Destrehan-based nonprofit Child Advocacy Services (CAS), as part of a national network of similar nonprofits, has worked tirelessly to advocate for a targeted group of younger residents with special needs – local foster children living in the River Region.
“We operate two individual programs through an umbrella agency structure, one being the Court Appointed Special Advocates (CASA) Program, and one being the Children’s Advocacy Center (CAC),” Jordyn G’Sell, Prevention Services Coordinator with CAS’ Destrehan office, said. “We also offer prevention education and resources as part of our CAC Program.”
CAS offers advocacy, clinical services, and prevention education for children and families in 10 parishes, with the local CAS Destrehan office servicing three of those parishes in the River Region: St. John, St. James and St. Charles Parishes. The local Destrehan office is part of a national CASA network operating in 49 states, with 931 programs active across the country. Within Louisiana alone there are 16 additional CASA programs offering similar services.
The CAS group’s CASA division is perhaps the best-known division of its organization, relying on its core group of trained volunteers to act as court-appointed advocates for local foster children.
“CASA is the only volunteer program where the individual becomes an extension of the court,” G’Sell said. “They become the eyes and ears of the judge, all while being unbiased and impartial to make recommendations to the judge on behalf of the child’s best interest.”
Foster children have unique challenges an average child does not experience, which CASA aims to address. A typical family household normally includes supportive adults who are always there to help advocate for their children. Foster children that have been physically removed from their biological parents lose that advocacy, G’Sell said, which is where CASA steps in to help.
“A CASA volunteer becomes that caring and competent adult advocating for that child’s best interest,” G’Sell explained. “Though a CASA child might be placed into a loving and caring foster home, the foster parents are not present in the court hearings, therefore the responsibility lies on the CASA volunteer to pass along any pertinent information.”
The typical foster child experiences multiple foster family placements, often resulting in detachment issues, insecurity and anxiety. In many cases when a CASA volunteer is assigned to a foster child, G’Sell said it often serves as a steady, calming influence despite other life disruptions they may encounter.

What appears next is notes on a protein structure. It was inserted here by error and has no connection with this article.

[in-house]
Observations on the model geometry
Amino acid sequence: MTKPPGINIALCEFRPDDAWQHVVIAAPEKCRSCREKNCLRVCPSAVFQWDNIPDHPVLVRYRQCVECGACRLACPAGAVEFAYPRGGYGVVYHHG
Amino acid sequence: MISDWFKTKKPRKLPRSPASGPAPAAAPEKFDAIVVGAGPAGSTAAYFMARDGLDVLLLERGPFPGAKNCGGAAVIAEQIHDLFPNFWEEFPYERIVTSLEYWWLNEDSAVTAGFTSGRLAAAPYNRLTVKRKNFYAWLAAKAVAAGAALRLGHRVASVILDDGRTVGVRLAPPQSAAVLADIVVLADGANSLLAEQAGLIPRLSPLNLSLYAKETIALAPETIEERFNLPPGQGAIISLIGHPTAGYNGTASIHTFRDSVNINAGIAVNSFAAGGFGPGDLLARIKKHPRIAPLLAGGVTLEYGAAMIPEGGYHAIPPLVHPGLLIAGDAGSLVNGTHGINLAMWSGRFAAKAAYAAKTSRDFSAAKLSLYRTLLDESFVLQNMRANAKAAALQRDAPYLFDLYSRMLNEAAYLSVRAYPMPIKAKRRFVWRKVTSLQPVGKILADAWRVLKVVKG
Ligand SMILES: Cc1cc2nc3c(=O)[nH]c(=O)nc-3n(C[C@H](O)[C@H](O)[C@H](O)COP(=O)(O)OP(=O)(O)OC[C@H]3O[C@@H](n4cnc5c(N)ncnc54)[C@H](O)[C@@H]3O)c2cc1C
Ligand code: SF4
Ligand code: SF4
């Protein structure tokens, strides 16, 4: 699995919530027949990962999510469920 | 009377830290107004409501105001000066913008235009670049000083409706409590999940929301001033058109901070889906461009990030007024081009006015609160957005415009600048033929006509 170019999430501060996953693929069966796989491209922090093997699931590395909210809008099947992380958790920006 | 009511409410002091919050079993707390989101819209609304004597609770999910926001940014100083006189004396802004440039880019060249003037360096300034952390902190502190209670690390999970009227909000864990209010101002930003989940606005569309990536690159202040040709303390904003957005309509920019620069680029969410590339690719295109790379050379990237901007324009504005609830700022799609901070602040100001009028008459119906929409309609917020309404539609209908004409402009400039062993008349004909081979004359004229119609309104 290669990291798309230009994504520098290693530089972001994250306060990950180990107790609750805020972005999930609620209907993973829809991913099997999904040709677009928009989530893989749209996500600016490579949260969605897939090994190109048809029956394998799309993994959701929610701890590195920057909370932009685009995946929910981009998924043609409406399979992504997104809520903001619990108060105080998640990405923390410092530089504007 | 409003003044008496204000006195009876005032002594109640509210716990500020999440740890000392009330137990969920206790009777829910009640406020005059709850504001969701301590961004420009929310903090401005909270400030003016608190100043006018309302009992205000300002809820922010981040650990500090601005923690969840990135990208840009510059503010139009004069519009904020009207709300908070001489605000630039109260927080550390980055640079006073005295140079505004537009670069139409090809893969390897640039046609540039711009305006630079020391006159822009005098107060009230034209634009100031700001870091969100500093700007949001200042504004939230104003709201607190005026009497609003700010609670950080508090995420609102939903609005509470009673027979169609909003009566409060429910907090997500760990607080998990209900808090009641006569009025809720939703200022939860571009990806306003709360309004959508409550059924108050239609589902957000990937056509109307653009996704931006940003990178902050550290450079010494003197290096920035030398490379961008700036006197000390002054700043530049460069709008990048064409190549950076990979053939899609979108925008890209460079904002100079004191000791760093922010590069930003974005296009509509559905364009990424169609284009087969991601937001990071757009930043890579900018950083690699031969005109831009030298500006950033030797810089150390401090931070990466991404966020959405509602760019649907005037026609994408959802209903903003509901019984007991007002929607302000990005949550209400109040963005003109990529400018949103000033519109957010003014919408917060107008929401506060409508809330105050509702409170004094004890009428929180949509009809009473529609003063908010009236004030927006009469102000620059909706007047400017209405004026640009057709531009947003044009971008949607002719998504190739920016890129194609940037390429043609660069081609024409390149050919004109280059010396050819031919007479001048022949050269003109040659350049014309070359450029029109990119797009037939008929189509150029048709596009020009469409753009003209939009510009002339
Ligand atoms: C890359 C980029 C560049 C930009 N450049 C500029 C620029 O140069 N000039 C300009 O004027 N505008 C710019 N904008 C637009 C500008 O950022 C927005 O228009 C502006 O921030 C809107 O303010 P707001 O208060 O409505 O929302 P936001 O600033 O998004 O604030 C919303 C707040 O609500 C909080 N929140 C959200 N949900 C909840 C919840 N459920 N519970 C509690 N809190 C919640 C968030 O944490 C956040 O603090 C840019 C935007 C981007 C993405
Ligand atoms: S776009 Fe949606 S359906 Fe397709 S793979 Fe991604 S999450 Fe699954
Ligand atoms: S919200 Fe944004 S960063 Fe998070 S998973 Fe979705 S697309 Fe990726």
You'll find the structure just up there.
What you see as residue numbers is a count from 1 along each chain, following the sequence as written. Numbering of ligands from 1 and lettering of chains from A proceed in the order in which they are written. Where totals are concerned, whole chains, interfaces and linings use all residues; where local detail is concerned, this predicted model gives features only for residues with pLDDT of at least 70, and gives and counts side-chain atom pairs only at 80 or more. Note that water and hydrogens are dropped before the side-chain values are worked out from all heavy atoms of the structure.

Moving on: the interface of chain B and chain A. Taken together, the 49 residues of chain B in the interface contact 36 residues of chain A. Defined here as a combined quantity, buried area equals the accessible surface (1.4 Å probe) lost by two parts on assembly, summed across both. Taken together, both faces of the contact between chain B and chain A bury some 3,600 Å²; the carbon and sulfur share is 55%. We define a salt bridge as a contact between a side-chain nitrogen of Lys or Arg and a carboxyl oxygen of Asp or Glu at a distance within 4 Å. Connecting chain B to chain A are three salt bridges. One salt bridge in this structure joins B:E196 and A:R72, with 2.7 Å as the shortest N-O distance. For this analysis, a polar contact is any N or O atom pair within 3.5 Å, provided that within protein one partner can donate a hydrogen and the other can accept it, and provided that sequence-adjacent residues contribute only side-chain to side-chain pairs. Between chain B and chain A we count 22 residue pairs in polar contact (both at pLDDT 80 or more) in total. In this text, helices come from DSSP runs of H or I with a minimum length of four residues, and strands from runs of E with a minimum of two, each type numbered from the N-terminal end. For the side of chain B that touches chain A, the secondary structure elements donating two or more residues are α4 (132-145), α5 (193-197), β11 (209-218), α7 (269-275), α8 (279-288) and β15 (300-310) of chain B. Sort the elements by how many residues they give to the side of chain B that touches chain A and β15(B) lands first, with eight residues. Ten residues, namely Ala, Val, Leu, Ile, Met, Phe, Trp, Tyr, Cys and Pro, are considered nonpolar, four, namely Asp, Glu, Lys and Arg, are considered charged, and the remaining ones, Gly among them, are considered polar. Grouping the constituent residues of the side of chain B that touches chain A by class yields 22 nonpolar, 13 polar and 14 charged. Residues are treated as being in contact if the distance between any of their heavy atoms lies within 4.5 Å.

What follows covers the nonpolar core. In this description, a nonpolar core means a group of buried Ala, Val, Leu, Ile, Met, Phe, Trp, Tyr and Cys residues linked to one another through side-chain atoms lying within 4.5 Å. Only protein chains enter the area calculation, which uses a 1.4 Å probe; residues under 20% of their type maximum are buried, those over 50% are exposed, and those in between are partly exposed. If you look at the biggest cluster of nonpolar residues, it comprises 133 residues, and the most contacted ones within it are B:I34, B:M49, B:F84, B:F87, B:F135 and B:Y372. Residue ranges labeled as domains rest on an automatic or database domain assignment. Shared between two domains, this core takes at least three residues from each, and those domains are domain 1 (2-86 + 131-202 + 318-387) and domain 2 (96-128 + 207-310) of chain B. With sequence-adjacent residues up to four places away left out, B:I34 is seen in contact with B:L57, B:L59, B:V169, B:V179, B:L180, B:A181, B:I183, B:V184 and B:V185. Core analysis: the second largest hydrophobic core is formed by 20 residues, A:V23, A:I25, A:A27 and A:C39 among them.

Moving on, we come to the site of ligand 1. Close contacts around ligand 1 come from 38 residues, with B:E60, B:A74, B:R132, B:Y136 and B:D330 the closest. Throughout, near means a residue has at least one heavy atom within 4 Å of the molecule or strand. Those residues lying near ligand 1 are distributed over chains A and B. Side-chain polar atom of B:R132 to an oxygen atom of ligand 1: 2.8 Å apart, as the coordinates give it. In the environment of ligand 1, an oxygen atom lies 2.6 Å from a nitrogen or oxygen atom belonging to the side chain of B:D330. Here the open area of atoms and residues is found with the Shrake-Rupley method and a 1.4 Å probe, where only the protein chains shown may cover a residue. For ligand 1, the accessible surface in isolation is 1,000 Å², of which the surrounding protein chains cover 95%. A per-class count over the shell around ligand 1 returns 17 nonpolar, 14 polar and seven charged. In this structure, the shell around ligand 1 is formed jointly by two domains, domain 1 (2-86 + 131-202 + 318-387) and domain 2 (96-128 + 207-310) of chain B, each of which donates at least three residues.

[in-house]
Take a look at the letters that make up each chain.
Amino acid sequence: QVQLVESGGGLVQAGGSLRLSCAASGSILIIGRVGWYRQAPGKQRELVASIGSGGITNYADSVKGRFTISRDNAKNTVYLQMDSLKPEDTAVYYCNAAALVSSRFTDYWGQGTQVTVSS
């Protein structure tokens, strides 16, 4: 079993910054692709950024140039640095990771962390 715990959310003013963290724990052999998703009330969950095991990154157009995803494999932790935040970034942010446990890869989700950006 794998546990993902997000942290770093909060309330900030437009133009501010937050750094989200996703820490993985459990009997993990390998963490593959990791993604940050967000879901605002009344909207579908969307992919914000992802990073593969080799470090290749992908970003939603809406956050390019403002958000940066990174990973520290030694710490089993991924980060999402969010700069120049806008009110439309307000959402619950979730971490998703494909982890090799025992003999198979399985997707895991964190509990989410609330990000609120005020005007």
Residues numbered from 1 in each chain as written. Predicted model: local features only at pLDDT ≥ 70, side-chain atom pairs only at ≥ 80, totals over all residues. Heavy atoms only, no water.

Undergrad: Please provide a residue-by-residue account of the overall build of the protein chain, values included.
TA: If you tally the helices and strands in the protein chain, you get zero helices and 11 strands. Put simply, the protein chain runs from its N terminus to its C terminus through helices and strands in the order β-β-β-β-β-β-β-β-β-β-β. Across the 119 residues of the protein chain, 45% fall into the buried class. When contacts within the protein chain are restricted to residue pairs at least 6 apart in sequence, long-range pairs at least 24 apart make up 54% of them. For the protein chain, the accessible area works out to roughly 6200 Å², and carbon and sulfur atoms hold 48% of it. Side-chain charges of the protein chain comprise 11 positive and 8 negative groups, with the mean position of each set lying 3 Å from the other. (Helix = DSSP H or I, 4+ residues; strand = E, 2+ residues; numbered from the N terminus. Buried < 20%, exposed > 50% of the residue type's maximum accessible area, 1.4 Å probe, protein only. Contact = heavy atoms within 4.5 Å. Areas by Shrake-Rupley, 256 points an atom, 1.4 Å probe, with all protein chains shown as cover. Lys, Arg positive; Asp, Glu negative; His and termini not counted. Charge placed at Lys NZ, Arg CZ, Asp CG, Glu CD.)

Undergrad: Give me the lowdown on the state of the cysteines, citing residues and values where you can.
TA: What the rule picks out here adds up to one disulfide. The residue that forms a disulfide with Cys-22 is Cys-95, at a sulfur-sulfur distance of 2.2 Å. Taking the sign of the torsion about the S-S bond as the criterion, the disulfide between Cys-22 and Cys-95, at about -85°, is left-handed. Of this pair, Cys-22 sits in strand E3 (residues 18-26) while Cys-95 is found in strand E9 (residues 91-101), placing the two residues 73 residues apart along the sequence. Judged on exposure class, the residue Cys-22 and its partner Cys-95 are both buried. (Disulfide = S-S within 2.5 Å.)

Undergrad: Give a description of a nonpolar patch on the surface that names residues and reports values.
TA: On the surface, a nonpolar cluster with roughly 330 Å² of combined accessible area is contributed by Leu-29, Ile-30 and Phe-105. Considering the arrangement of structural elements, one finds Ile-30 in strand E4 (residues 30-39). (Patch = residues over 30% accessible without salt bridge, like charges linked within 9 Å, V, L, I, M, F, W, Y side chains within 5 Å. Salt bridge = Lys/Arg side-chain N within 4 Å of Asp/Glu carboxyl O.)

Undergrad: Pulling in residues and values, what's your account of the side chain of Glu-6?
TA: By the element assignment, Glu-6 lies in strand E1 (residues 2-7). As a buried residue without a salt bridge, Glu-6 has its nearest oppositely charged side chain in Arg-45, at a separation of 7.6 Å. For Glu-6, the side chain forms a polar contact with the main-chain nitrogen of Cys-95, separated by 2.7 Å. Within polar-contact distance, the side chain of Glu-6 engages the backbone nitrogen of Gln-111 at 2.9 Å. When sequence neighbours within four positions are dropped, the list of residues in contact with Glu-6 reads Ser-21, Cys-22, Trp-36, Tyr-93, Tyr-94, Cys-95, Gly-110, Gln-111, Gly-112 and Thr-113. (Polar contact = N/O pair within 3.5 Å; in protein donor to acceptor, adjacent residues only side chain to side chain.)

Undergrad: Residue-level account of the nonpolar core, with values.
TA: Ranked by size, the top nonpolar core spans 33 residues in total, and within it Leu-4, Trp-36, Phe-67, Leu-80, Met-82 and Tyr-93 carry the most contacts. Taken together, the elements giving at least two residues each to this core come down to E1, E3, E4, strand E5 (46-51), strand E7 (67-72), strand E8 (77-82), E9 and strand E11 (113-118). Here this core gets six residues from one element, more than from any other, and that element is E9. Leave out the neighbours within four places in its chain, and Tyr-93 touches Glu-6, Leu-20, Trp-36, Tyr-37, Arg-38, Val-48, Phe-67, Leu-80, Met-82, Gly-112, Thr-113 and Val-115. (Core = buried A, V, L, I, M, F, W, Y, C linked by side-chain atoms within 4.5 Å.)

“The importance of a CASA [volunteer] is in fact the consistency they bring,” G’Sell said. “Not only that, but it has been shown that a foster child with a CASA significantly lessens the likelihood of multiple placements.”
CAS’s Destrehan office is currently seeking additional CASA volunteers to help the local area’s foster children. Each volunteer must be 21 years or older, complete a background check as well as complete the CASA Volunteer Training program, which consists of both in-person and web-based training.
“We currently have 19 active volunteers in the River Region, but ideally need about 16 more,” G’Sell said. “It would be truly amazing to have more volunteers, not only to ‘lessen the workload’ so to speak of our current CASAs, but also because we need to take into account the human element involved – our CASAs may go through life changes of their own; moving, taking on a new job, etc. that may take them off the case for those reasons.”
Over the course of the past few years, G’Sell says her local office has seen an increase in children in care, but a much slower increase in volunteers being trained.
For more information on CAS or on to learn more about becoming a CASA volunteer, visit them on the web at www.childadv.net, or contact local CASA Recruiter Donna Bliss via email at email@example.com.